This study by IWMI maps the household water poverty in a typical remote village of the northeast, understands the causes for such a scenario and reflects on the past efforts. Local water resource-based multiple-use water systems that provide water supply both for household and livestock needs and for small high-value agriculture are understood.
The per capita and per hectare availability of water in India is highest in this region but the societal (both productive and consumptive) water use is less than five per cent of the existing potential. The unutilised and excessive water supplies during the rainy season create a mayhem of devastations almost every year with ravaging floods, landslides, soil erosion and other infrastructural failures and miseries and unrest in large parts.
Extreme water scarcity during the post-rainy season seriously constrains the farmers’ access to a reliable water source and to a meaningful economic activity at the farm and extreme hardships for the household. This aptly presents a ‘water poverty’ scenario in an otherwise ‘water-abundant’ region.
Several of the farm-level water management innovations and traditional practices methods tried out in the region have found favor at local and/ or policy level and included into the development programs for the region. It looks certain that a more appropriate water supply and distribution system should satisfy most of the following criterion:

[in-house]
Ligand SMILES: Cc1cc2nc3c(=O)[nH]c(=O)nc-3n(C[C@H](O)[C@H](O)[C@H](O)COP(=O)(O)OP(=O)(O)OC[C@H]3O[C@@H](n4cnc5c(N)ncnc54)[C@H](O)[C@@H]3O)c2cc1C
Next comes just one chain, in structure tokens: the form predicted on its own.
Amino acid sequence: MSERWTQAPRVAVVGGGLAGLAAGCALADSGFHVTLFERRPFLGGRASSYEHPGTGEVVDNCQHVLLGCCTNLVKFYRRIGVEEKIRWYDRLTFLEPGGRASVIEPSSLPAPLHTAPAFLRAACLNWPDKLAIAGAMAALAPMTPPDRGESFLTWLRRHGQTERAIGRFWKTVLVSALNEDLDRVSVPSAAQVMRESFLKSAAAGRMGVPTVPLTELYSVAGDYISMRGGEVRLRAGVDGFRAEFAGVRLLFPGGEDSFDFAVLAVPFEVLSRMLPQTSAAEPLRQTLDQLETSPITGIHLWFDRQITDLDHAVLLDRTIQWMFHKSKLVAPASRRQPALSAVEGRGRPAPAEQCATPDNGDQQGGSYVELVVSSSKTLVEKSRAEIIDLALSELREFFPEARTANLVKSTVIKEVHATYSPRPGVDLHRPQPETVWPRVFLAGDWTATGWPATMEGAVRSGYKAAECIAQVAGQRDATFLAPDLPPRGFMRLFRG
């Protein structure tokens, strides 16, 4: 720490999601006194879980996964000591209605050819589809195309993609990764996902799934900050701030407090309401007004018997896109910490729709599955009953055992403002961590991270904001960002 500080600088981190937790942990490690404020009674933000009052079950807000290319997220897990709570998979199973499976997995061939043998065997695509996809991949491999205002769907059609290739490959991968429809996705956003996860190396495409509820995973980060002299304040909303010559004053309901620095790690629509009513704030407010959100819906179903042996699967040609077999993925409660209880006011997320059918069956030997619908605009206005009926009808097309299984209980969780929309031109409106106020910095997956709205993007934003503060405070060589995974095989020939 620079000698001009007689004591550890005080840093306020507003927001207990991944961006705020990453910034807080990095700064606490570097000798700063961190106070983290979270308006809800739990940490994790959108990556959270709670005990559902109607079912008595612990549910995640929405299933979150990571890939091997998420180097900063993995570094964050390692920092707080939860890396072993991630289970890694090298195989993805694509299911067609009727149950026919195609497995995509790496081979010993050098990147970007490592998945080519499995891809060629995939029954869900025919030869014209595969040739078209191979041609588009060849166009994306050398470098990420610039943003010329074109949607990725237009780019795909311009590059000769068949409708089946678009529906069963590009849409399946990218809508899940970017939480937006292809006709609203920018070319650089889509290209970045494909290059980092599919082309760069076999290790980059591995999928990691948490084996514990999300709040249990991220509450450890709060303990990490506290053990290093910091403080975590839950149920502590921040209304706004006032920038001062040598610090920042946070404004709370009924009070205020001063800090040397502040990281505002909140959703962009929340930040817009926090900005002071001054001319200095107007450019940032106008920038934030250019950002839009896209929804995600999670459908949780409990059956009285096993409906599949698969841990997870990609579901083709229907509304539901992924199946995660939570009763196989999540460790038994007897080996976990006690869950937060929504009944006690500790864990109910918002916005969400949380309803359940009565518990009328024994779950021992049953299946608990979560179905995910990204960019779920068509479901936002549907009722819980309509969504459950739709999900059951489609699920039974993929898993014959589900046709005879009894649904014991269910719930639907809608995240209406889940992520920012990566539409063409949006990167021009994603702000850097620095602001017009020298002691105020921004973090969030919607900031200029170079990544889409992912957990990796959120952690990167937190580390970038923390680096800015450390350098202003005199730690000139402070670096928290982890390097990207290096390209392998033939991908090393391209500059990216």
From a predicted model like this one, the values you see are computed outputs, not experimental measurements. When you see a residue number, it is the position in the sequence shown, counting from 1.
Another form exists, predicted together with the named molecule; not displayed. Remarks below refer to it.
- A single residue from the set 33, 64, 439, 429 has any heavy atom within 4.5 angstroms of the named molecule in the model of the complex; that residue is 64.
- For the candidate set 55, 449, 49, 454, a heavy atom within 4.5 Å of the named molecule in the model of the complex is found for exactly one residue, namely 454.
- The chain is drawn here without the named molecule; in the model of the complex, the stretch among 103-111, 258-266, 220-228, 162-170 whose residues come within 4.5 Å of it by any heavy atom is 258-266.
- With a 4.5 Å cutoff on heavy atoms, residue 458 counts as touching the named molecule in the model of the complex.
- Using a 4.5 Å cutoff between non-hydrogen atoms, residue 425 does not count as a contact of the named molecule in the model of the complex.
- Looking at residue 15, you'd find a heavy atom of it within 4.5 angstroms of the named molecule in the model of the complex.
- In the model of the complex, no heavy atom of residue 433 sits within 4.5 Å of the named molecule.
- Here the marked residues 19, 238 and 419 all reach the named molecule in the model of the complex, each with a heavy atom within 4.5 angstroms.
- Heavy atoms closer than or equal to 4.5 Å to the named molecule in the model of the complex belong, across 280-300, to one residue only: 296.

- The system should meet both the domestic (including livestock) and small irrigation water needs for high value agriculture.
- It should be flexible, to switch over from domestic to productive use and vice-versa as per the seasonal demands.
- The system should be capable of integration with low-cost and water saving precision application methods.
- The systems should be simple and low cost and maintenance costs should be small.
- Above all, the water supply, distribution and use must ensure community participation and acceptance and be gender-sensitive.
The report presents the benefits, technique, components and experiences of implementation of a number of Multiple-Use Water Systems (MUS) in the Nepal hills. Finally, conclusions and recommendations are provided for out-scaling of the MUS to the northeast hill region for ensuring water and livelihood security at the household and community level.